2) Crust Network ($CRU)

Source: //crust.network/

Crust Network is a decentralized storage and computing application. To understand more, you can refer to our previous research here.

Crust’s Design

In terms of design, Crust uses data replication instead of erasure encoding. Simply put, this means the network replicates deposited files and distributes them across storage locations.

However, Crust has not yet developed a mechanism to ensure high data redundancy. In other words, as nodes leave the ecosystem, so will the data stored in these nodes. In turn, this means data stored on Crust has lower permanence, compared to other projects. This is a weakness as Crust is a project which allows free entry and exit of nodes.

To reproduce requested files, Crust uses its own native blockchain to track storage locations. Crust also incentivizes nodes to facilitate file withdrawals as well. They do this through a tracking system, which looks at node traffic. Nodes that do not facilitate file withdrawals frequently will receive fewer storage orders.

$CRU Coin

Some of $CRU’s uses include:

  • Staking and Governance.
  • Payments for transaction fees.
  • Buying of services.
  • Serves as a reward for storage providers.

For its tokenomics, $CRU does not have a fixed max supply. Today, its total supply is at 20 million coins. Also, it has a circulating supply of 3.6 million coins. It’s trading at 80 cents.

In addition, to participate in node selection, you would need to lock up $CRU coins. In turn, this reduces the circulating supply of the coin. Despite this, $CRU is an inflationary token. This is because staking participants receive $CRU emissions as rewards.

3) SIA ($SC)

Source: //sia.tech/

SIA is a decentralized data storage application. It aims to create a trustless cloud storage marketplace. It is one of the oldest projects in crypto, with its inception dating to 2013. SIA also places an emphasis on privacy. Hence, nodes storing the data do not have access to the data which they store.

SIA’s Design

In terms of design, SIA uses erasure encoding for its method of storage. Deposited files are also fragmented and stored across different storage locations on the SIA network. This is similar to Filecoin’s method of storage.

To achieve high data redundancy, the SIA network looks out for missing pieces of data. Once found, the network then rebuilds the data found and re-encodes the file. Then, they fragment the file again to restore the missing pieces of data. To do this, users have to log into the SIA platform. Hence, this may not be user-friendly compared to other projects.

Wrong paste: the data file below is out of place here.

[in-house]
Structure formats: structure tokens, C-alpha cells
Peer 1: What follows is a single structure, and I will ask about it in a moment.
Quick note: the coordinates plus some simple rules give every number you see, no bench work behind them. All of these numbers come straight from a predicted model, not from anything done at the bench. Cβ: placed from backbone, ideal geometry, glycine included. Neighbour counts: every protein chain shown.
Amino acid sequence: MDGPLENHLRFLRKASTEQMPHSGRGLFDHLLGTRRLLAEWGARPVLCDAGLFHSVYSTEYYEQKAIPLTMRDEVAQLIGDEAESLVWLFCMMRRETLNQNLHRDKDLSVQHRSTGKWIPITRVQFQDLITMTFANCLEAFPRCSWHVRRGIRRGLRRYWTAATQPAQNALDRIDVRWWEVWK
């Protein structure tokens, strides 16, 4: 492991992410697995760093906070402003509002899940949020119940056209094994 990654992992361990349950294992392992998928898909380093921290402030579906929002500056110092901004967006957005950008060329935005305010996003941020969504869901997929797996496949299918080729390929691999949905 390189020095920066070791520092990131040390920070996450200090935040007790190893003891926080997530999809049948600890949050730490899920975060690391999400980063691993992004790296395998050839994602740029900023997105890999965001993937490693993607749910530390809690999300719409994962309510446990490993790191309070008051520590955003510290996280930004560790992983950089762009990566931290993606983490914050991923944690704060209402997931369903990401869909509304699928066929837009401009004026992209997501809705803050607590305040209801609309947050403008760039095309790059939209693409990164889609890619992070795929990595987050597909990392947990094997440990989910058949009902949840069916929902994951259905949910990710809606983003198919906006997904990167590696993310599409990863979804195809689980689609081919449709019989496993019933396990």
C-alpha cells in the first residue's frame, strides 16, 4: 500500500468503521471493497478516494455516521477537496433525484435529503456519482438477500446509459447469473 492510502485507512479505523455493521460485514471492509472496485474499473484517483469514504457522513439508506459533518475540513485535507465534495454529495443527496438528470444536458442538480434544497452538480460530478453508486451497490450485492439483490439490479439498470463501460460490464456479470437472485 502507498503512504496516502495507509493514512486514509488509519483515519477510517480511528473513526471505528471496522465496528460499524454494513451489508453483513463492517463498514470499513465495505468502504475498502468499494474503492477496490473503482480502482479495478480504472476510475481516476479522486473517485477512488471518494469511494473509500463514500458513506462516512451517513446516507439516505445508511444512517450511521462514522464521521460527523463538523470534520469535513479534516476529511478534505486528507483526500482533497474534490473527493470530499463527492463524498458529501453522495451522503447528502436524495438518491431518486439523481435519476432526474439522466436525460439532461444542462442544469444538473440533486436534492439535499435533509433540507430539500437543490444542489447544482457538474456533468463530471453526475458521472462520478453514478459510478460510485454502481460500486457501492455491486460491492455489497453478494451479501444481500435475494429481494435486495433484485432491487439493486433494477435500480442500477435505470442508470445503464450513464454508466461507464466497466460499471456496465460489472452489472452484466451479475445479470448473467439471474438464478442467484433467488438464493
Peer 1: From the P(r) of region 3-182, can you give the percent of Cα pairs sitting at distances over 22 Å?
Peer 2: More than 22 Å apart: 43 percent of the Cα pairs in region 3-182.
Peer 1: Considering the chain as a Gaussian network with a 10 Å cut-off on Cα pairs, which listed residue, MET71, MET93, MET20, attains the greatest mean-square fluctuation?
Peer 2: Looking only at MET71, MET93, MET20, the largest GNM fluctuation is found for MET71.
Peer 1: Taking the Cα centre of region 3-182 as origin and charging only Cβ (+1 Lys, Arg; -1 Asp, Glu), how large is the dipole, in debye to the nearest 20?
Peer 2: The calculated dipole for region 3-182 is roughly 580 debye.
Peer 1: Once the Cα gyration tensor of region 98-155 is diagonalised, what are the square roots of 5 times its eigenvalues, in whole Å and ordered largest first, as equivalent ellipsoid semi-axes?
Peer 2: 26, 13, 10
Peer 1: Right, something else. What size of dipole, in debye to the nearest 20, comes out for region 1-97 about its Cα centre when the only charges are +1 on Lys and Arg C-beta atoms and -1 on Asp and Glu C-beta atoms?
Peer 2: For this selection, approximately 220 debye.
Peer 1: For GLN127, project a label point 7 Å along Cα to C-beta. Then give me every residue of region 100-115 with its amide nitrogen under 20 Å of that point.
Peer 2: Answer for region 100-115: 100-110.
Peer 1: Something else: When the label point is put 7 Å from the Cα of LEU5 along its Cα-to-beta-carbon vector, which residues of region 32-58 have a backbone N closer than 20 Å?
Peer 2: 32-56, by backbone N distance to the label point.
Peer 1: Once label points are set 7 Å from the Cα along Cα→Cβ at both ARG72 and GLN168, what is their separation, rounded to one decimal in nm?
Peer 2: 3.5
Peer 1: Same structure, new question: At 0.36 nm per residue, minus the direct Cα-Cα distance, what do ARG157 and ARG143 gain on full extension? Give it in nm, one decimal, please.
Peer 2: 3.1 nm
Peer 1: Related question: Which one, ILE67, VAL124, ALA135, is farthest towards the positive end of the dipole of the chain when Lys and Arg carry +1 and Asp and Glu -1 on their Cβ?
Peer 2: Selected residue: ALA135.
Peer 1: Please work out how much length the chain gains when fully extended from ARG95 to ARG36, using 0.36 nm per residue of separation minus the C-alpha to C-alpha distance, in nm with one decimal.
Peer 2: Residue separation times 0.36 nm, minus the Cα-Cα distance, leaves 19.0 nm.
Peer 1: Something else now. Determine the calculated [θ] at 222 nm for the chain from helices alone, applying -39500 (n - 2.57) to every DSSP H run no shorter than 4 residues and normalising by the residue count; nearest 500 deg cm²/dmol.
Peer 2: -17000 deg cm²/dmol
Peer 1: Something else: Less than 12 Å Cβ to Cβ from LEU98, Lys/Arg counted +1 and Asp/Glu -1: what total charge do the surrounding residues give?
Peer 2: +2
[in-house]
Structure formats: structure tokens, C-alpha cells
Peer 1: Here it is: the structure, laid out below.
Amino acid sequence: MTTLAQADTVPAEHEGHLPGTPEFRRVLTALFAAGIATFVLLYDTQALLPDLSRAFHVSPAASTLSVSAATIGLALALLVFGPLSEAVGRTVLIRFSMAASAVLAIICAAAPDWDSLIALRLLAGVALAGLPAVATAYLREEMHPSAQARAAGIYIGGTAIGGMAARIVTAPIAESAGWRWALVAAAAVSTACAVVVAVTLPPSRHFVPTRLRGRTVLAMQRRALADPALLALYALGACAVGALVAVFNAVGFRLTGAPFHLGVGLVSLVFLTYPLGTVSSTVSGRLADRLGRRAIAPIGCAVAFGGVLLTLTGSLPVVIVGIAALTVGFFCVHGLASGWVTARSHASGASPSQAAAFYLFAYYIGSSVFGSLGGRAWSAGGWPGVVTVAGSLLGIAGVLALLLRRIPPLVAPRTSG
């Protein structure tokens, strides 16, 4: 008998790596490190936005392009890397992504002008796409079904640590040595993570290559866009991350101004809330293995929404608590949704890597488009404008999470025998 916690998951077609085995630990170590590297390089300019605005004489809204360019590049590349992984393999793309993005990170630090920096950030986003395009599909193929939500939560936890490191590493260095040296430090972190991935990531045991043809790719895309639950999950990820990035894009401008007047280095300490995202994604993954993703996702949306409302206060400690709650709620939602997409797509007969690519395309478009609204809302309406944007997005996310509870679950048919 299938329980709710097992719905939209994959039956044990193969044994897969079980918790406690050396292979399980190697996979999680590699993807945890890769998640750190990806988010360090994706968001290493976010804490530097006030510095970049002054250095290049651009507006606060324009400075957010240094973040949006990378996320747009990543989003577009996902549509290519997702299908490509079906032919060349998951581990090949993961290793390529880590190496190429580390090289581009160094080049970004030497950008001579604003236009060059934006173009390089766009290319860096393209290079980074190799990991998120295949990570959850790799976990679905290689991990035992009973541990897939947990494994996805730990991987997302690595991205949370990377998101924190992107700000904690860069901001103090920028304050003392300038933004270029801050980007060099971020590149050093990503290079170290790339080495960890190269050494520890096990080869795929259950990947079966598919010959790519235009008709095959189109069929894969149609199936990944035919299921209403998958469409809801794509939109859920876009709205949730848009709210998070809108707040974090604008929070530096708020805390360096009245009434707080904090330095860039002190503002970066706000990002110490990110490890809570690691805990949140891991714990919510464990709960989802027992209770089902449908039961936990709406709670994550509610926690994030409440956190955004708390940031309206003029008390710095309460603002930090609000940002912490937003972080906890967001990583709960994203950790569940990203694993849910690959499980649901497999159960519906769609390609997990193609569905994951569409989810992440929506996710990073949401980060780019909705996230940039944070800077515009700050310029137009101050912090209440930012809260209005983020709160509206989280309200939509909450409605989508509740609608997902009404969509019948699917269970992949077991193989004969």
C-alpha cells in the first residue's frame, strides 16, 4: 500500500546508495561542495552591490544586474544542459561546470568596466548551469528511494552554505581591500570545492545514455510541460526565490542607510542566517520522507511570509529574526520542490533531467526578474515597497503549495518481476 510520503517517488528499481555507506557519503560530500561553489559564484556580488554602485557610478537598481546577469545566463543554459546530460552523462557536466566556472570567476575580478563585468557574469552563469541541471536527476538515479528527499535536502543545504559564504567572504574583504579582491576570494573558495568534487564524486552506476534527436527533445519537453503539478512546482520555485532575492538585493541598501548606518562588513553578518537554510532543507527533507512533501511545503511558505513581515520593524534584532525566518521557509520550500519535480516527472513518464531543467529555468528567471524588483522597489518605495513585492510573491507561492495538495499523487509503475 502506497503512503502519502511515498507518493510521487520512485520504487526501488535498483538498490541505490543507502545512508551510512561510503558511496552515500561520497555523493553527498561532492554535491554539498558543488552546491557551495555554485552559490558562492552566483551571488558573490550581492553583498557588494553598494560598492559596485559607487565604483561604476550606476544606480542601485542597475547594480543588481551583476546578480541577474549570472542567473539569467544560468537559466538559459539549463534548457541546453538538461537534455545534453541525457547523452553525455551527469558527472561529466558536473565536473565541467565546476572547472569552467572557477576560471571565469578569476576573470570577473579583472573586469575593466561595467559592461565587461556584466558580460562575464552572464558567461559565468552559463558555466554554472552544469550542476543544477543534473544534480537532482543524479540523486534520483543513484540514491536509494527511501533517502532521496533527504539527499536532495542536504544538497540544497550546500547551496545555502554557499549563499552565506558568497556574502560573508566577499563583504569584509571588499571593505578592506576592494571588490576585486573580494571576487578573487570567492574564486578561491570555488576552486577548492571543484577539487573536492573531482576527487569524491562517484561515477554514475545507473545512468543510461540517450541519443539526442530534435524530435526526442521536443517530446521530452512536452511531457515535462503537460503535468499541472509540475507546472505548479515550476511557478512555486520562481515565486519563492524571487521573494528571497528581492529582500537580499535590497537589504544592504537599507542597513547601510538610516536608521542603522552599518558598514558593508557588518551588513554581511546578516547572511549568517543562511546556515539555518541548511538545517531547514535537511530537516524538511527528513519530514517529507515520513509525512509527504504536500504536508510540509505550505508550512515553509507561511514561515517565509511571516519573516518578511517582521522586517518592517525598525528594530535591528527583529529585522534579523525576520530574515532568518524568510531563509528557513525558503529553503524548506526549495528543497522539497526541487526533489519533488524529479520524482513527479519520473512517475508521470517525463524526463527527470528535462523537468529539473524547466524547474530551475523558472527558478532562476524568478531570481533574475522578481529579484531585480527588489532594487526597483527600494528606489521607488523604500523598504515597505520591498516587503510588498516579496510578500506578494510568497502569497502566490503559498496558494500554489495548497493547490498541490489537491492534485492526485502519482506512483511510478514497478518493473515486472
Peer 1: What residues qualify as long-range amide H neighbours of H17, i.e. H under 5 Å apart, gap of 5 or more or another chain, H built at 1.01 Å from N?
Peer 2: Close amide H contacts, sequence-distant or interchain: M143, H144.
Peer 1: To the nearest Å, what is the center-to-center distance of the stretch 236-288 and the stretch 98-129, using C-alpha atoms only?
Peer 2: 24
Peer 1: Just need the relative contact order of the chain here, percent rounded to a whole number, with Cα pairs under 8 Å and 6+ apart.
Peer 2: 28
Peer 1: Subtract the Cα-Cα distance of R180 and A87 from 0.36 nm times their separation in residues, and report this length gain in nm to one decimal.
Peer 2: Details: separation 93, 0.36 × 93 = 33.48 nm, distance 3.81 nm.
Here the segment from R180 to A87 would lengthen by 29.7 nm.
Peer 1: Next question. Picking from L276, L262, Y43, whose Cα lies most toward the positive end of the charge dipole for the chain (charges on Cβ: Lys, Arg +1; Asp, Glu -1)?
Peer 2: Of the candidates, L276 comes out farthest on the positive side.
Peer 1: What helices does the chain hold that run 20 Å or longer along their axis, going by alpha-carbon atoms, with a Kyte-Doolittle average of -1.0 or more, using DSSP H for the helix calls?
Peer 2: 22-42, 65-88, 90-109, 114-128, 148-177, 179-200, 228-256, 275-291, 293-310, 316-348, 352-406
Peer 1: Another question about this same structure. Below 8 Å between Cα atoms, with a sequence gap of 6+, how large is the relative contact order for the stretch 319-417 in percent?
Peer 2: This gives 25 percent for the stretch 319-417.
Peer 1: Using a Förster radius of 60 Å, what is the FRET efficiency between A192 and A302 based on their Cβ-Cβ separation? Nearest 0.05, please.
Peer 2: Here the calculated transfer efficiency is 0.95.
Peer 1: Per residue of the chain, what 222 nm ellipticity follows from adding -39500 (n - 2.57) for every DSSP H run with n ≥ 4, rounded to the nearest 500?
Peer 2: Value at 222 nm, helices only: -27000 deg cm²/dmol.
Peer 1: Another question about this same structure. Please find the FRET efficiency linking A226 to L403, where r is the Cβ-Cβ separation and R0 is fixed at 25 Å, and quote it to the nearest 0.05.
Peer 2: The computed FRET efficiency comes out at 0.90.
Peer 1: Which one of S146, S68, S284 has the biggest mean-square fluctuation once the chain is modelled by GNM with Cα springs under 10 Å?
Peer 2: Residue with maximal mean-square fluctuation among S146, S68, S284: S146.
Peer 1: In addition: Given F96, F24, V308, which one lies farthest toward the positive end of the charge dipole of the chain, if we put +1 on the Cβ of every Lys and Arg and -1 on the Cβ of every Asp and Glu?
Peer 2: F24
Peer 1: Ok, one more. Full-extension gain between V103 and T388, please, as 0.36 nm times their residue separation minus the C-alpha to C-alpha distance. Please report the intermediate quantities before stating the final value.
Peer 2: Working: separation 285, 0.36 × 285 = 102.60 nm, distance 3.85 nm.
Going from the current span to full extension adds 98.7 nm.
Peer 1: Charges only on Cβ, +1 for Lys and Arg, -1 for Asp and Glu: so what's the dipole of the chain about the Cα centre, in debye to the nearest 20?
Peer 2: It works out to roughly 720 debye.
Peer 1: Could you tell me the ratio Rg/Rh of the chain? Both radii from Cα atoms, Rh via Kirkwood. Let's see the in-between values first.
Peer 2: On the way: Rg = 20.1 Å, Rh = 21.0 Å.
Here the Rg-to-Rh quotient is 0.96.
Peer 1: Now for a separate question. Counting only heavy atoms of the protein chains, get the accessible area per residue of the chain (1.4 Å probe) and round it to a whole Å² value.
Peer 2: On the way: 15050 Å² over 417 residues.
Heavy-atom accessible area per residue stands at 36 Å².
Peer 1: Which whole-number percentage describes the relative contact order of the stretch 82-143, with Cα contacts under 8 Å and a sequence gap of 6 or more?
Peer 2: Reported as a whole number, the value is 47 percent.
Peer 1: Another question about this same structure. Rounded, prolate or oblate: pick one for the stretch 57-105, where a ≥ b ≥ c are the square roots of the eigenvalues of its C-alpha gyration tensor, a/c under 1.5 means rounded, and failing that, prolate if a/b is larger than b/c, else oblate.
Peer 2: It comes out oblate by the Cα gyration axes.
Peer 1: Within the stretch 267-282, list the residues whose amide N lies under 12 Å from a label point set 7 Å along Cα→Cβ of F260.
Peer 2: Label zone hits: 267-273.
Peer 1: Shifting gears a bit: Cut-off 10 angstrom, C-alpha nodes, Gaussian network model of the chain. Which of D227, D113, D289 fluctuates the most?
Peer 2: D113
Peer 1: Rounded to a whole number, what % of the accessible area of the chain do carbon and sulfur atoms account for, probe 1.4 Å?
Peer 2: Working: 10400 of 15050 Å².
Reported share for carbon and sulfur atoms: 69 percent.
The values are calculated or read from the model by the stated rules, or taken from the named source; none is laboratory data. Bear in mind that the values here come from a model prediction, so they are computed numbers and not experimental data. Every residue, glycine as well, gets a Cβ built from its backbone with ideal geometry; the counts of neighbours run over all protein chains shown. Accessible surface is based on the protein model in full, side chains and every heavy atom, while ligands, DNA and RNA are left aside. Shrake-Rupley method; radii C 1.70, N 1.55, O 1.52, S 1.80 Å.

To reproduce requested files, SIA uses its own native blockchain to track storage locations. To incentivize nodes to facilitate file withdrawals, SIA uses a payment mechanism to allow users to pay nodes directly for the service.

$SC Coin

Some of $SC’s uses include:

  • Paying for storage.
  • Serving as a reward for storage providers.
  • Serving as a reward for SIAfund owners. This is the network revenue-sharing token for SIA network.
  • Acting as a medium of collateral for storage providers.

For its tokenomics, $SC does not have a fixed max supply. Today, both its total and circulating supply are at 51 billion coins. It’s trading at $.003 (.3 cents).

SIA is developing a proof of burn mechanism. This is for nodes to prove that they’re active and real participants. Nodes have to burn 4% of their $SC coins. This reduces the circulating supply of the coin. However, the total supply is always inflating. This is because $SC coins are distributed to SIAfund owners.

4) Arweave ($AR)

Source: //www.arweave.org/

Arweave is a protocol that allows permanent data storage. It aims to become a P2P ecosystem linking users and storage providers. Arweave has an application built on it, called the Permaweb, used for preserving web pages and protocols.

Arweave’s Design

In terms of design, Arweave uses data replication as its method of storage. As a user deposits a file, Arweave makes copies of it and distributes them to different storage locations in the network.

To achieve high data redundancy, Arweave uses a proof of access algorithm. This allows data stored on Arweave to be consistently replicated. This effective method increases data permanence, which defines Arweave’s main selling point.